How Homo Became Sapiens: On the Evolution of Thinking

Oxford University Press
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2004, 1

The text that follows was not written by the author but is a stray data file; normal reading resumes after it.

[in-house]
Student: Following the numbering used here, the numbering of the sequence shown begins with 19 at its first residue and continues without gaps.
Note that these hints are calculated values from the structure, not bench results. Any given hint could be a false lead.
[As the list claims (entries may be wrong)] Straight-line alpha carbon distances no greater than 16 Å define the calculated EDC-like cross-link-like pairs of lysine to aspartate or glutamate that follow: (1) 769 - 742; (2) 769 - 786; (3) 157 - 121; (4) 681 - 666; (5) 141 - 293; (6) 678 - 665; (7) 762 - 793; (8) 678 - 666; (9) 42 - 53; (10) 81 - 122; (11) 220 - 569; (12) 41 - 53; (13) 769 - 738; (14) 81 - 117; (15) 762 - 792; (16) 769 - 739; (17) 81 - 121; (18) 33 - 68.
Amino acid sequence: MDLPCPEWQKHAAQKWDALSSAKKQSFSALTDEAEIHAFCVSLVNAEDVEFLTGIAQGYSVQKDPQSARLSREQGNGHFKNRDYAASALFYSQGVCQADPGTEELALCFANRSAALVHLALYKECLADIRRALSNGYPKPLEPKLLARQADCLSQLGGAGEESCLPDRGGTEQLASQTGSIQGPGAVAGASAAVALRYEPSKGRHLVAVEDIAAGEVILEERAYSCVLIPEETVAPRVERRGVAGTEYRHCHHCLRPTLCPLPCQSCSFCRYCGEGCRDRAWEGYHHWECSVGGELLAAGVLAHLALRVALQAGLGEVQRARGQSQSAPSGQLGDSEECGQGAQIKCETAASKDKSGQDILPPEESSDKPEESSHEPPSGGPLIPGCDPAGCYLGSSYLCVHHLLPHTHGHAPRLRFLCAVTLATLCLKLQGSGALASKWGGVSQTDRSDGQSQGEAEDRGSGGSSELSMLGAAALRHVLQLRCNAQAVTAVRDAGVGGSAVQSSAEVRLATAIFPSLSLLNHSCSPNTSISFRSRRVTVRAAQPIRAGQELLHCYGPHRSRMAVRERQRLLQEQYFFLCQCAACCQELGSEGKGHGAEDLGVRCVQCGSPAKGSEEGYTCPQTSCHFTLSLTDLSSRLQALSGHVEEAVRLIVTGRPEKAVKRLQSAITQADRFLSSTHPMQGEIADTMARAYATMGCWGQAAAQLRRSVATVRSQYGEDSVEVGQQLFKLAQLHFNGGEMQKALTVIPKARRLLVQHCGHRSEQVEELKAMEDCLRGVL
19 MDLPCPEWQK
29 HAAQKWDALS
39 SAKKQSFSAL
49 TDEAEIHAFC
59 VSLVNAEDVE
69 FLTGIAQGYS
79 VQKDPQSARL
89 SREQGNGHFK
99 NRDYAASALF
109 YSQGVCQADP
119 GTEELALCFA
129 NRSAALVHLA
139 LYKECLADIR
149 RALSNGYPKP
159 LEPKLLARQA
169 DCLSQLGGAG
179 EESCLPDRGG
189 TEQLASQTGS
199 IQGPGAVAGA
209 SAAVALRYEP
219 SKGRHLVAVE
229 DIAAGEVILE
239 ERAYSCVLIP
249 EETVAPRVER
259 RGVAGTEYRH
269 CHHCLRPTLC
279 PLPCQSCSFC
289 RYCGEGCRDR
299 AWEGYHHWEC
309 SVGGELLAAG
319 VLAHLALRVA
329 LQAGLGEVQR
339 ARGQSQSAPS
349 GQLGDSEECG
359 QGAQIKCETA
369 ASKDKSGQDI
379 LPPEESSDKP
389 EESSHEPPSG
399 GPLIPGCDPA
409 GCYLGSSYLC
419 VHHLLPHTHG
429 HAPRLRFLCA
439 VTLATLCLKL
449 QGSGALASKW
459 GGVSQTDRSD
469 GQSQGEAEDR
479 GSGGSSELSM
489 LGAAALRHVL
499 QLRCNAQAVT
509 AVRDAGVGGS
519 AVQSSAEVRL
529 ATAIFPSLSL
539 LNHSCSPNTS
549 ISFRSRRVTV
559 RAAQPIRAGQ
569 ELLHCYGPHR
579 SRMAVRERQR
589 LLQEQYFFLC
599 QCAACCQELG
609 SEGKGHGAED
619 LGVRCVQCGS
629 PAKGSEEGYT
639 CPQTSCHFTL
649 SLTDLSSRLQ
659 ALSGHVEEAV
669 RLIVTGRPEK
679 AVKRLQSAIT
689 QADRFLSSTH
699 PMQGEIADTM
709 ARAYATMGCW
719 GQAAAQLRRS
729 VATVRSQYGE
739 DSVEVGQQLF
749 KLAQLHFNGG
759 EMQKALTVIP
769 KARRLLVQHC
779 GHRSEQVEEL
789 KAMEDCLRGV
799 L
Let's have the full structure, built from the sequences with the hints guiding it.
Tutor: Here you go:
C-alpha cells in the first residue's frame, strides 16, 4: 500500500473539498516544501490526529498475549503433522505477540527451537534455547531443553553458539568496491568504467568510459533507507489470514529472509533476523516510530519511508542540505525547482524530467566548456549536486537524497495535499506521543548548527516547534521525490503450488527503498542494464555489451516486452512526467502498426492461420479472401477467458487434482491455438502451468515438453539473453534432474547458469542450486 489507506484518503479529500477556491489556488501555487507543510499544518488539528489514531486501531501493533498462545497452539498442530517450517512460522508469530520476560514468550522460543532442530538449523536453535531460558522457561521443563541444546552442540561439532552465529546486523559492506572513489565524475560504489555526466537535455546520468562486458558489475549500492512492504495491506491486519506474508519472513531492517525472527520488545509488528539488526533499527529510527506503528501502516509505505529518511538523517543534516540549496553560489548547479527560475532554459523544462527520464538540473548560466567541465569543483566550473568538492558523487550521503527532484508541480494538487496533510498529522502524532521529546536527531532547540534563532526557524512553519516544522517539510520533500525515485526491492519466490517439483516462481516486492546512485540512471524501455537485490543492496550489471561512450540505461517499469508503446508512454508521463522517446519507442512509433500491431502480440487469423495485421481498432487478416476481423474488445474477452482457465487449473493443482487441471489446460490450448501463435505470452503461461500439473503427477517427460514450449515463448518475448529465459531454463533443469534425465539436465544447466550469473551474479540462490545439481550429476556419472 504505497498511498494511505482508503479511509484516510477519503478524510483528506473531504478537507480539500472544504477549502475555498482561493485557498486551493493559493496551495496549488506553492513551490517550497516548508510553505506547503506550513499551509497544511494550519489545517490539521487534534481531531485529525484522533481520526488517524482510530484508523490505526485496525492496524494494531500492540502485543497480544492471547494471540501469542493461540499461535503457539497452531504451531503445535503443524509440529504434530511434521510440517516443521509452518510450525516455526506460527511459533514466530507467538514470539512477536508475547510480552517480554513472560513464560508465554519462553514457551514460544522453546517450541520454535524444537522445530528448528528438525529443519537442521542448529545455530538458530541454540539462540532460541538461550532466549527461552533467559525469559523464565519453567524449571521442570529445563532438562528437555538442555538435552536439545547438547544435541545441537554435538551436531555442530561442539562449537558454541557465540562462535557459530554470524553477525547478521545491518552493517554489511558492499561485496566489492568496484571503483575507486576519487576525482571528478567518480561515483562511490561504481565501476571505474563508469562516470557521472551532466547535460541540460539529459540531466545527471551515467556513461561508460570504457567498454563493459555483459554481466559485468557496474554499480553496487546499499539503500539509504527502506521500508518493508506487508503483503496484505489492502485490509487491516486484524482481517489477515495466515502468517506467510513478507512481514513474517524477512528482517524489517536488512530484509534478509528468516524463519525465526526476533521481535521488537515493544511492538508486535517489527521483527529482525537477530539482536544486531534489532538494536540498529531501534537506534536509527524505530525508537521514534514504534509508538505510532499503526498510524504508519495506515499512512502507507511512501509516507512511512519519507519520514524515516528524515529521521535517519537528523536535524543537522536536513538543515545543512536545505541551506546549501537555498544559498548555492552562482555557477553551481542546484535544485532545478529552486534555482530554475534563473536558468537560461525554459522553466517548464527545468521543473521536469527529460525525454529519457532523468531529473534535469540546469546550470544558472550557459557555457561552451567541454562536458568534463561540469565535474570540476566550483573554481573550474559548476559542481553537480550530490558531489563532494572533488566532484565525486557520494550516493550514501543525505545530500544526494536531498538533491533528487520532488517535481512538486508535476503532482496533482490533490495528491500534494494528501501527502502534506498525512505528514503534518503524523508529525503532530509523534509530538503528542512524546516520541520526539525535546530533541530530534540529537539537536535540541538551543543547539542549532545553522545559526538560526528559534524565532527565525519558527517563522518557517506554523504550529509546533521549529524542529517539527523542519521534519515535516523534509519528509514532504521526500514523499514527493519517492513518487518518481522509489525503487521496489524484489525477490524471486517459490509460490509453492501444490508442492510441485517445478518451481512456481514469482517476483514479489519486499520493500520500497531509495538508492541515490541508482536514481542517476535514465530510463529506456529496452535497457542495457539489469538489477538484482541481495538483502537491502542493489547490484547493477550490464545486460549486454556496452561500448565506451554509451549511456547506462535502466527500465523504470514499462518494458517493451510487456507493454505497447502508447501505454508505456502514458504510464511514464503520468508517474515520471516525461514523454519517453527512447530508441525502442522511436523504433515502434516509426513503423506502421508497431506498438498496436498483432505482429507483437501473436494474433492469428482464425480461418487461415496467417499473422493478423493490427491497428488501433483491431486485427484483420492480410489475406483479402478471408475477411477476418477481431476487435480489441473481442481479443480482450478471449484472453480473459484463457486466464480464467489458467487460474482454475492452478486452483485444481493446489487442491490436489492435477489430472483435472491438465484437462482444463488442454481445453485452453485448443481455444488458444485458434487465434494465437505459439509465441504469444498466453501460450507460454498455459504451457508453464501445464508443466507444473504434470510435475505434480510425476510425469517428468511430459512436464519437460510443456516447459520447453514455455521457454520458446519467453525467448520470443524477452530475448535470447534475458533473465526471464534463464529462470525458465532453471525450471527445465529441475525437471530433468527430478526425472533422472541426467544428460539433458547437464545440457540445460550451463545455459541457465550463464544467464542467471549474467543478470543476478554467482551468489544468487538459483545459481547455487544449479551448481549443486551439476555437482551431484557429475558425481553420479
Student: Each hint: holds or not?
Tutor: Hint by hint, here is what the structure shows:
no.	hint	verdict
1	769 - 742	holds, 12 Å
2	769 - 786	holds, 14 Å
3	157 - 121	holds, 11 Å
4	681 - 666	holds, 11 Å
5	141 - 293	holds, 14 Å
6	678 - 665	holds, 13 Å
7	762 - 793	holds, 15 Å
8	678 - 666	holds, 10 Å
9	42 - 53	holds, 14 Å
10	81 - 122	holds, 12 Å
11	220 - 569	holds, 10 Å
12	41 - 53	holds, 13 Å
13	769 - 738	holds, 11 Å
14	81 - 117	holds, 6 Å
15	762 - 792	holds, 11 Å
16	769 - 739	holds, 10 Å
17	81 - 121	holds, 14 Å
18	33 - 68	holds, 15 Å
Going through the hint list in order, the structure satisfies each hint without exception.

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Our ability to 'think' is really one of our most puzzling characteristics. What it would be like to be unable to think? What would it be like to lack self-awareness? The complexity of this activity is striking. 'Thinking' involves the interaction of a range of mental processes--attention, emotion, memory, planning, self-consciousness, free will, and language. So where did these processes arise? What evolutionary advantages were bestowed upon those with an ability to deceive, to plan, to empathize, or to understand the intention of others? In this compelling new work, Peter Gardenfors embarks on an evolutionary detective story to try and solve one of the big mysteries surrounding human existence--how has the modern human being's way of thinking come into existence. He starts by taking in turn the more basic cognitive processes, such as attention and memory, then builds upon these to explore more complex behaviors, such as self-consciousness, mindreading, and imitation. Having done this, he examines the consequences of "putting thought into the world" -i.e., using external media like cave paintings, drawings, and writing. Immensely readable and humorous, the book will be valuable for students in psychology and biology, and accessible to readers of popular science.
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